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Is There a Silver Lining to the Pandemic?

Posted on March 30, 2020
Painted green bike lane on Benjamin Franklin Parkway in Philadelphia

By Ana V. Diez Roux, MD, PhD, MPH

Dear Dornsife faculty, staff, students, and friends:

Last week after a long day of Zoom meetings, right around the time that would usually be rush hour, we went out for a bike ride. It was a beautiful spring afternoon, sun, blue skies and a gentle breeze. My husband and I picked up two Indego bikes and rode up 20th Street to the Parkway, then towards the Philadelphia Museum of Art, and then up around Fairmount Park.

Everything seemed to be in bloom, white and pink trees lined the streets of Center City. I could not remember ever seeing so many flowering trees in Philadelphia. Cycling felt especially relaxing. I could hear the birds singing, as if I were in a park, but it was the middle of the city. The buildings we passed seemed more interesting and beautiful. We stopped a few times to look at houses we had never noticed before. The details on the brownstones were more striking. There was a shiny new building on a corner, and flowers on many windowsills.

And then I realized why I was now seeing all of this, my city more beautiful, the houses more interesting, the birds singing, the flowers on the trees, as if I was discovering all of it for the first time: there were no cars. Market Street, usually packed this time of day, was empty. Only one or two cars drove down the Parkway. It was heaven for cyclists, no worries about the cars pushing up behind you, speeding by on your left, or unexpected car doors opening up in front of you. You could ride down the middle of the street and see the city around you. It was glorious urban biking.

All this of course was because of the pandemic, because of the social distancing measures we are all engaged in to stop the spread of the virus and protect the most vulnerable among us. It was because of a dramatic and unprecedented situation we and the rest of the world are living through. Both the pandemic and our response to it are having many social consequences that we will have to grapple with and address. The situation we are living through will create hardship for many, and that will magnify existing inequities in many different ways.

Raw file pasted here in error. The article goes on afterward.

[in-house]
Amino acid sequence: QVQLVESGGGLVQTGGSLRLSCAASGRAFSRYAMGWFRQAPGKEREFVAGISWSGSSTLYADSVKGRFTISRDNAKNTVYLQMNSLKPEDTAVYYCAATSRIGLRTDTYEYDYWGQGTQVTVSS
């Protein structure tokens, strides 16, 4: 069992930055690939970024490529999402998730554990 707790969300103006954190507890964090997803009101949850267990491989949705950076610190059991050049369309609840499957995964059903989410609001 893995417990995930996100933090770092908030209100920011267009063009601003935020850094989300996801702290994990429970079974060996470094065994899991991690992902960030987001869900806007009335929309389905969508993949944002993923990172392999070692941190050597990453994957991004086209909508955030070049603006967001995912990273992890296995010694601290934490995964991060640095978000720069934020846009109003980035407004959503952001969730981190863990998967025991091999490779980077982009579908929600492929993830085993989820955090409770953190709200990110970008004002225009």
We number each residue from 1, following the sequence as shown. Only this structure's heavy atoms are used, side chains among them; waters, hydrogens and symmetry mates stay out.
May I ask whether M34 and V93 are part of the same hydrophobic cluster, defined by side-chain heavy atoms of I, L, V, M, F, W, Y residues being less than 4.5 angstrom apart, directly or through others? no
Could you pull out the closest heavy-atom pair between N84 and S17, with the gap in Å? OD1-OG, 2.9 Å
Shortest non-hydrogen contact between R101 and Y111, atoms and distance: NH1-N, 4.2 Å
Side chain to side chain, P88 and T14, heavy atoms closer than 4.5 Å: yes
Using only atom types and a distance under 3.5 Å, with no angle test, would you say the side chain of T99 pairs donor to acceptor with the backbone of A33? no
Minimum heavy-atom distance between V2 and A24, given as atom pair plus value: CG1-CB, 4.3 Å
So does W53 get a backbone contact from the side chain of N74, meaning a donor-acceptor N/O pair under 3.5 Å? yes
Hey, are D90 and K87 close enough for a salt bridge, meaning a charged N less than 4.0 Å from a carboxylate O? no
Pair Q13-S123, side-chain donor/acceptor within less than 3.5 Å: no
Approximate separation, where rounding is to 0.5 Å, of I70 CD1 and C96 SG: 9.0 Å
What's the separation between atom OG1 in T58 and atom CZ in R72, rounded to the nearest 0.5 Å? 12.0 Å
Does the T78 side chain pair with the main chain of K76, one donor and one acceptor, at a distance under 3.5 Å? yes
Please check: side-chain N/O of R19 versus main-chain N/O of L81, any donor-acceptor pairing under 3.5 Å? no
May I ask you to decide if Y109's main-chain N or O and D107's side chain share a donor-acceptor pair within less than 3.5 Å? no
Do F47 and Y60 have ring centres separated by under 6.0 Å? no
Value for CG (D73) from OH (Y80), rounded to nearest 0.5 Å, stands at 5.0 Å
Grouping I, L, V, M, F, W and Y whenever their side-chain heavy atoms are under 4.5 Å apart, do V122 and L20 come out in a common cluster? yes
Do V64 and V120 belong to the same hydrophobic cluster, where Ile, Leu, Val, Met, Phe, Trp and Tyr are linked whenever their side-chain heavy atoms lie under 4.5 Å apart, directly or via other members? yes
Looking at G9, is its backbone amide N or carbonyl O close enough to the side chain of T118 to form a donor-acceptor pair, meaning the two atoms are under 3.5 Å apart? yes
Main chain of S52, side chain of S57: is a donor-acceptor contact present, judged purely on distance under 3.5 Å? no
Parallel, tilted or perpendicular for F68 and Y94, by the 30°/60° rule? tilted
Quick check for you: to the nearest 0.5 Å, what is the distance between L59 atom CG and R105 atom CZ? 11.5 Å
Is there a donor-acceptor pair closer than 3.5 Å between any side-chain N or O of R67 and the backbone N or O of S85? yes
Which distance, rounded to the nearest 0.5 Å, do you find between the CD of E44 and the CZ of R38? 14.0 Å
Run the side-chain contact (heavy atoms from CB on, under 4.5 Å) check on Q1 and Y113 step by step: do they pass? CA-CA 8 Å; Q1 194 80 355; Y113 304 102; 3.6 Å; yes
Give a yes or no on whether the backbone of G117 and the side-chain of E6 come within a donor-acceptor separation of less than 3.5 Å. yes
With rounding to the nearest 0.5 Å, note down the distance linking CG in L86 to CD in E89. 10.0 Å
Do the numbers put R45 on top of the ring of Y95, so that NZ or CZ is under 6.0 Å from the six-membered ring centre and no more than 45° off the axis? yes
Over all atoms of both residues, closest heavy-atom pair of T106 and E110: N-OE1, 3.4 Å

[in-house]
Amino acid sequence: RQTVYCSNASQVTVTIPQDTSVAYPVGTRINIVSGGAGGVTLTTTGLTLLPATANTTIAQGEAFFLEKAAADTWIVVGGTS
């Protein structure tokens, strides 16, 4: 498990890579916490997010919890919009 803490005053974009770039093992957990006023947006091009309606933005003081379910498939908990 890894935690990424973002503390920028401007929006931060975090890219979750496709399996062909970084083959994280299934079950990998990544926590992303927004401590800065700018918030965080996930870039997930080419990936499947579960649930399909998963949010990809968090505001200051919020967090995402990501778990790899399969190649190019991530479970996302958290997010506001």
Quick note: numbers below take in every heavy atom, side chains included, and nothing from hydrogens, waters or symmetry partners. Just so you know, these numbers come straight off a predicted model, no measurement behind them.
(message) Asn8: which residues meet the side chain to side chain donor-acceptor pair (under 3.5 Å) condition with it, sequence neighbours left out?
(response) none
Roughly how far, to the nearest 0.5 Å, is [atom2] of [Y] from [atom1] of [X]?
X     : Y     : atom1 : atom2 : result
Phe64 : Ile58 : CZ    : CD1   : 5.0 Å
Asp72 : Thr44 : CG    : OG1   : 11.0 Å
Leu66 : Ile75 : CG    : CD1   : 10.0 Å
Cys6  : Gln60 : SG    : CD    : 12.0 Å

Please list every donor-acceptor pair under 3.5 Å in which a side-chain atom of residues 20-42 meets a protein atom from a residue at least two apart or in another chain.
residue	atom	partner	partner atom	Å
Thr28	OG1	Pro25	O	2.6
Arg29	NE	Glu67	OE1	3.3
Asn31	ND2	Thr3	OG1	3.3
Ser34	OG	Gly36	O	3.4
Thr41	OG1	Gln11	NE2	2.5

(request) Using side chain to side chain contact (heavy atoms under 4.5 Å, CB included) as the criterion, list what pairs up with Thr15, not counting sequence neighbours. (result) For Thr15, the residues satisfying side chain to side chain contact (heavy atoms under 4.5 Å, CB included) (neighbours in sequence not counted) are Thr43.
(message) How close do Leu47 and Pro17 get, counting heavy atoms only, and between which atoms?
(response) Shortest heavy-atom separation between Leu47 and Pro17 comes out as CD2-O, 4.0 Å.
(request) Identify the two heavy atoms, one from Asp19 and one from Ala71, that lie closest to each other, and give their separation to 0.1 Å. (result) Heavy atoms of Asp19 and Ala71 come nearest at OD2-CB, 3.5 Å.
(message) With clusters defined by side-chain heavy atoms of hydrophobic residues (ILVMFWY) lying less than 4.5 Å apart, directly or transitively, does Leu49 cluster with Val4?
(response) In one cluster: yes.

But despite all this, I wonder if there is somehow a silver lining. Could we learn from this that there is perhaps a different way of living in cities? Imagine a city with no cars, less pollution, less traffic deaths, more public spaces, more positive social interactions in the streets, more greenery, and simply more beauty. Imagine a life with more walking, less frantic travel, fewer carbon emissions. Imagine a society that comes together routinely to support the most vulnerable as a matter of principle and not exception, that provides food and shelter to those who need it. Imagine a health care system available equally to all. Imagine a coordinated effort to make sure resources (masks, tests, hospital beds, food) are available where and when they are needed. Imagine leveraging all our intelligence and all the power of our social organization to make this happen.

On Girard Avenue we dropped off our bikes and walked back, meandering through the streets, past houses and closed bars and restaurants, some offering take-out through cracked open windows. Like us, many other Philadelphians were outside too, enjoying the beautiful afternoon, making eye contact, sometimes even saying hello as we passed, and taking broad detours to avoid getting within six feet of each other, in an elaborate dance. When we got home, we were relaxed and calm, the tension of the Zoom-filled days and all the threats and problems had drained from us.

It is hard to think of a silver lining when every day we hear of more cases and more deaths: over 2,000 deaths in the United States, and over 30,000 worldwide, many more, I’m sure, by the time you read this. Just over a century ago, in 1918 the flu pandemic killed over 16,000 people in Philadelphia, about half a million in the United States, between 50 and 100 million worldwide. We still don’t really know what the final tally for COVID-19 will be, and there is still much uncertainty we have to live with. The impact of the social distancing measures we are implementing (good and bad) is still not fully understood. But some of the radical changes we are making, what they are showing us about what we can do together and the impact we can have on our society and our world, hold lessons for what is possible in a world after COVID-19.